The state of California announced Tuesday that 28,699 residents completed the eligibility determination process via its online insurance exchange, Covered California.
“We’ve started strong,” exchange director Peter Lee said of the first week’s numbers in a press release. “With almost three months to enroll for coverage effective Jan. 1, the fact that thousands of Californians and hundreds of our small businesses are stepping forward in our first week is a testament to the need for the Affordable Care Act.”
Covered California also received 987,440 unique visitors during the first week of the enrollment period. “Looking back at this one week, the response has been nothing short of phenomenal,” Lee said. “We anticipated we’d have very low enrollment in the first week.”
Lee estimated that between 500,000 and 700,000 Californians would purchase health insurance policies with the help of a federal tax subsidy by the enrollment period ends on March 31. In total, about 5.3 million state residents will have access to the marketplace’s policies by next year, with about half that number eligible for financial assistance. Plus, approximately 1.4 million people will be newly eligible for Medicaid.
Covered California’s numbers exceeded expectations and proved that the concept of online exchanges can be a success at a technical level. With the glitches that marred the opening week of the cornerstone provision of the Affordable Care Act, California’s example is an important success to record, even if it says little about the long-term viability of the individual mandate.
Through that mandate, every American who can afford to buy health care insurance is required to do so or pay a penalty of $95 or 1 percent of income — whichever amount is greater. But 44 million Americans are expected to remain uninsured next year, according to the Congressional Budget Office, and those who hold out longer are more likely to be the individuals needed to ensure the success of the individual mandate: the young, healthy, and cheap to insure. To function as intended, the marketplaces need a broad, healthy risk pool to keep staggering rate increases from occurring.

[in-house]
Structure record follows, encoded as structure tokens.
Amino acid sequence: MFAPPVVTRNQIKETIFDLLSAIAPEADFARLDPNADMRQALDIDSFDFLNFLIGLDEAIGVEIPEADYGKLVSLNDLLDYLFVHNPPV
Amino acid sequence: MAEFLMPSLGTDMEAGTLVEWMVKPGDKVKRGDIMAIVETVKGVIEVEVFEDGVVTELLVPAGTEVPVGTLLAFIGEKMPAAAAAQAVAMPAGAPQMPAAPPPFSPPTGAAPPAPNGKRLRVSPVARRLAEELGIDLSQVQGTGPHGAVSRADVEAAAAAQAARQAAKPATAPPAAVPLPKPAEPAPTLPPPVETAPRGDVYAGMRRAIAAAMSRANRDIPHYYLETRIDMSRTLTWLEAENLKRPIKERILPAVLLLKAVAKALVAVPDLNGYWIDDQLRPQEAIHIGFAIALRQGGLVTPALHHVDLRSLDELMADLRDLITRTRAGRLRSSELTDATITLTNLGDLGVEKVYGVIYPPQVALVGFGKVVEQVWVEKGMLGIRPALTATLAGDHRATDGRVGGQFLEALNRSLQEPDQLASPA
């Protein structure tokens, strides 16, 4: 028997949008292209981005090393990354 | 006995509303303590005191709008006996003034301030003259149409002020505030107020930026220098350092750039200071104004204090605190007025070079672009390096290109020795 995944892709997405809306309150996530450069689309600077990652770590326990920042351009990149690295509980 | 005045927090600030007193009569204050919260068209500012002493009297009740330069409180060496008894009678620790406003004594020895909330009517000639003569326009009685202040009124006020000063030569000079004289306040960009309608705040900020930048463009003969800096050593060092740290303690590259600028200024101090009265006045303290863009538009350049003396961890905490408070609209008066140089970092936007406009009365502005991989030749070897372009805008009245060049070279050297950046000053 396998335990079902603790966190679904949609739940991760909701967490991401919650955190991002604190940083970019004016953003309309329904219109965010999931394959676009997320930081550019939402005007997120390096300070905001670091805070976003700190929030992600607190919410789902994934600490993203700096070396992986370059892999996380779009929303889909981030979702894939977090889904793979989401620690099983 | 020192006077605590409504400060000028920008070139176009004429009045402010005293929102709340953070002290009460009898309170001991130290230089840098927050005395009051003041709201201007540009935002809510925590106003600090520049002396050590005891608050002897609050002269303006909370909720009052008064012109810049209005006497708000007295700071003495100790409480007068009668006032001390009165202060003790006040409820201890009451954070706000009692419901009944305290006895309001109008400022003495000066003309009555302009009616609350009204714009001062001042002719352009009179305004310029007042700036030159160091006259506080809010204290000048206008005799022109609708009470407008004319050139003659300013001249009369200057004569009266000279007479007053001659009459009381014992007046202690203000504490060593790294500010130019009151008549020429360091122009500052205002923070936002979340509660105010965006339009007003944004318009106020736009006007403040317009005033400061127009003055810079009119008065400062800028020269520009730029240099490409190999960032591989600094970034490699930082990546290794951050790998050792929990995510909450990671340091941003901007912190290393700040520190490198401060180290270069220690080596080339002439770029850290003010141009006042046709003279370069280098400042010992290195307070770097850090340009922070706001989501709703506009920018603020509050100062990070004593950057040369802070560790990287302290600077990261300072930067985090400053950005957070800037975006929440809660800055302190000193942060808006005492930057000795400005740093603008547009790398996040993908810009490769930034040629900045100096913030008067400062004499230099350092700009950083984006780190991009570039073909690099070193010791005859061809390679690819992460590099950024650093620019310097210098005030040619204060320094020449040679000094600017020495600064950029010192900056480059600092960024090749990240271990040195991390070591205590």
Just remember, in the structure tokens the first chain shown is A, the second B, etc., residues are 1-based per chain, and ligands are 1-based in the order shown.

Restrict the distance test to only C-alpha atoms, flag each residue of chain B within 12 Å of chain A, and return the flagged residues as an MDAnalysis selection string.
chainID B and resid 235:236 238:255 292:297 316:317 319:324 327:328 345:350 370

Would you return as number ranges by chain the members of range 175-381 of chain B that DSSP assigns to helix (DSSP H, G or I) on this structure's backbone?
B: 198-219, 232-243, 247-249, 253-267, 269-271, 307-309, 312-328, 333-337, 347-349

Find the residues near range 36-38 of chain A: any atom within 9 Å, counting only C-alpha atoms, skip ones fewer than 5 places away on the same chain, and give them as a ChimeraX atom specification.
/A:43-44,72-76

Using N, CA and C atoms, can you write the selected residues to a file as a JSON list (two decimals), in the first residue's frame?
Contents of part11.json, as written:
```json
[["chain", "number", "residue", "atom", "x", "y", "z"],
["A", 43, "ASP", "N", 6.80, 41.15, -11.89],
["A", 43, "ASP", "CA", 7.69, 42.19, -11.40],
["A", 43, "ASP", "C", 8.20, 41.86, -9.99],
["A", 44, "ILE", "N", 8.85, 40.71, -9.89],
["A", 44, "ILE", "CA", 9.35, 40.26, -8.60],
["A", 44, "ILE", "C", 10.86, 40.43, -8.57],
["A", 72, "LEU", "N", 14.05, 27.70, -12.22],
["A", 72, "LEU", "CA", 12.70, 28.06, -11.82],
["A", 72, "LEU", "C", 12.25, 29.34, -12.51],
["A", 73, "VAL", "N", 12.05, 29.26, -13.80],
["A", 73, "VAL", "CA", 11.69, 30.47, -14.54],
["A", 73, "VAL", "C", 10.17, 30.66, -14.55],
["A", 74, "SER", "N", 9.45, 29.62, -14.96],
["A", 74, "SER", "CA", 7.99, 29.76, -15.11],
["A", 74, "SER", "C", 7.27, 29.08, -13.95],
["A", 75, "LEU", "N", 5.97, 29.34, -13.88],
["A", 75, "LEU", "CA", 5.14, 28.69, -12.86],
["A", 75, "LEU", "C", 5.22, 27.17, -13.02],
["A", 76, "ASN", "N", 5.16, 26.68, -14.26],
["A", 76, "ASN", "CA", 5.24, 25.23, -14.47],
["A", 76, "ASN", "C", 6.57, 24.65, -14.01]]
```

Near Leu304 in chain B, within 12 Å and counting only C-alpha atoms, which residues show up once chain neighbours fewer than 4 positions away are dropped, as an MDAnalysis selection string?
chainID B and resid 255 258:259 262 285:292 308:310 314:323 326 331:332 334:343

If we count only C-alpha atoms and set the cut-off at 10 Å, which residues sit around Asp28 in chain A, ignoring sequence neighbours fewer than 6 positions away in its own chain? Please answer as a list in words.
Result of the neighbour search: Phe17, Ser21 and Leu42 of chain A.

The premiums of healthy, cheap-to-insure people cover the big bills for the relatively small number of sick people. So if the exchanges don’t enroll enough young, healthy people, insurers will have to raise everyone’s premiums. What Covered California’s numbers do not show is how many policies have been purchased and who has enrolled thus far. Before October 1, the day the exchanges opened, health policy experts predicted that the first to enroll would likely be those with pre-existing conditions, people who tend to use their benefits more often.
Being that California is the most populous state in the country — with more uninsured individuals than any other state, amounting to 7 million, or 15 percent, of the United States’s total — the long-term success of its exchange will be a vital indication of the viability of health care reform as a whole.
But due to the fact that California has so many uninsured residents and a quarter of its population lives below the poverty line, the fact that enrollment numbers show higher-than-expected demand may just be a sign that those who would most benefit from the reform are already taking advantage of the new marketplaces, which fits into the framework set out by health policy experts: The majority of early enrollees to the exchanges will likely be proportionally older and sicker, as well as more likely to have been without insurance for some time.
Still, the small number of glitches is a good sign. The Healthcare.gov Web portal, which links customers to the online marketplaces for the 36 states with federally facilitated exchanges, was riddled with glitches since the first day enrollment was open. The hours of waiting, backlog of potential enrollees, problems calculating subsidies, and numerous error messages that characterized the first week of enrollment was an indication for Obamacare opponents that health care reform was the proverbial train wreck that many lawmakers had promised.
Of course, California was one of 14 states that chose to set up and operate its own exchange, rather than default to a federally facilitated or partnership exchange, and its system fared better. The fact that fewer technical problems with Covered California were reported could also have helped enrollment numbers.
The California exchange could owe part of its success to the fact that its officials and lawmakers have done more to embrace health care reform than any other state. “California decided early on to go all in,” Larry Levitt, senior vice president at the Kaiser Family Foundation, told the Washington Post. “There has been lots and lots of investment, and a lot of smart people have really been working hard on this. It really set up a best-test-case scenario.” The state also received almost $1 billion in grants to help set up the exchange from the Obama administration.
Follow Meghan on Twitter @MFoley_WSCS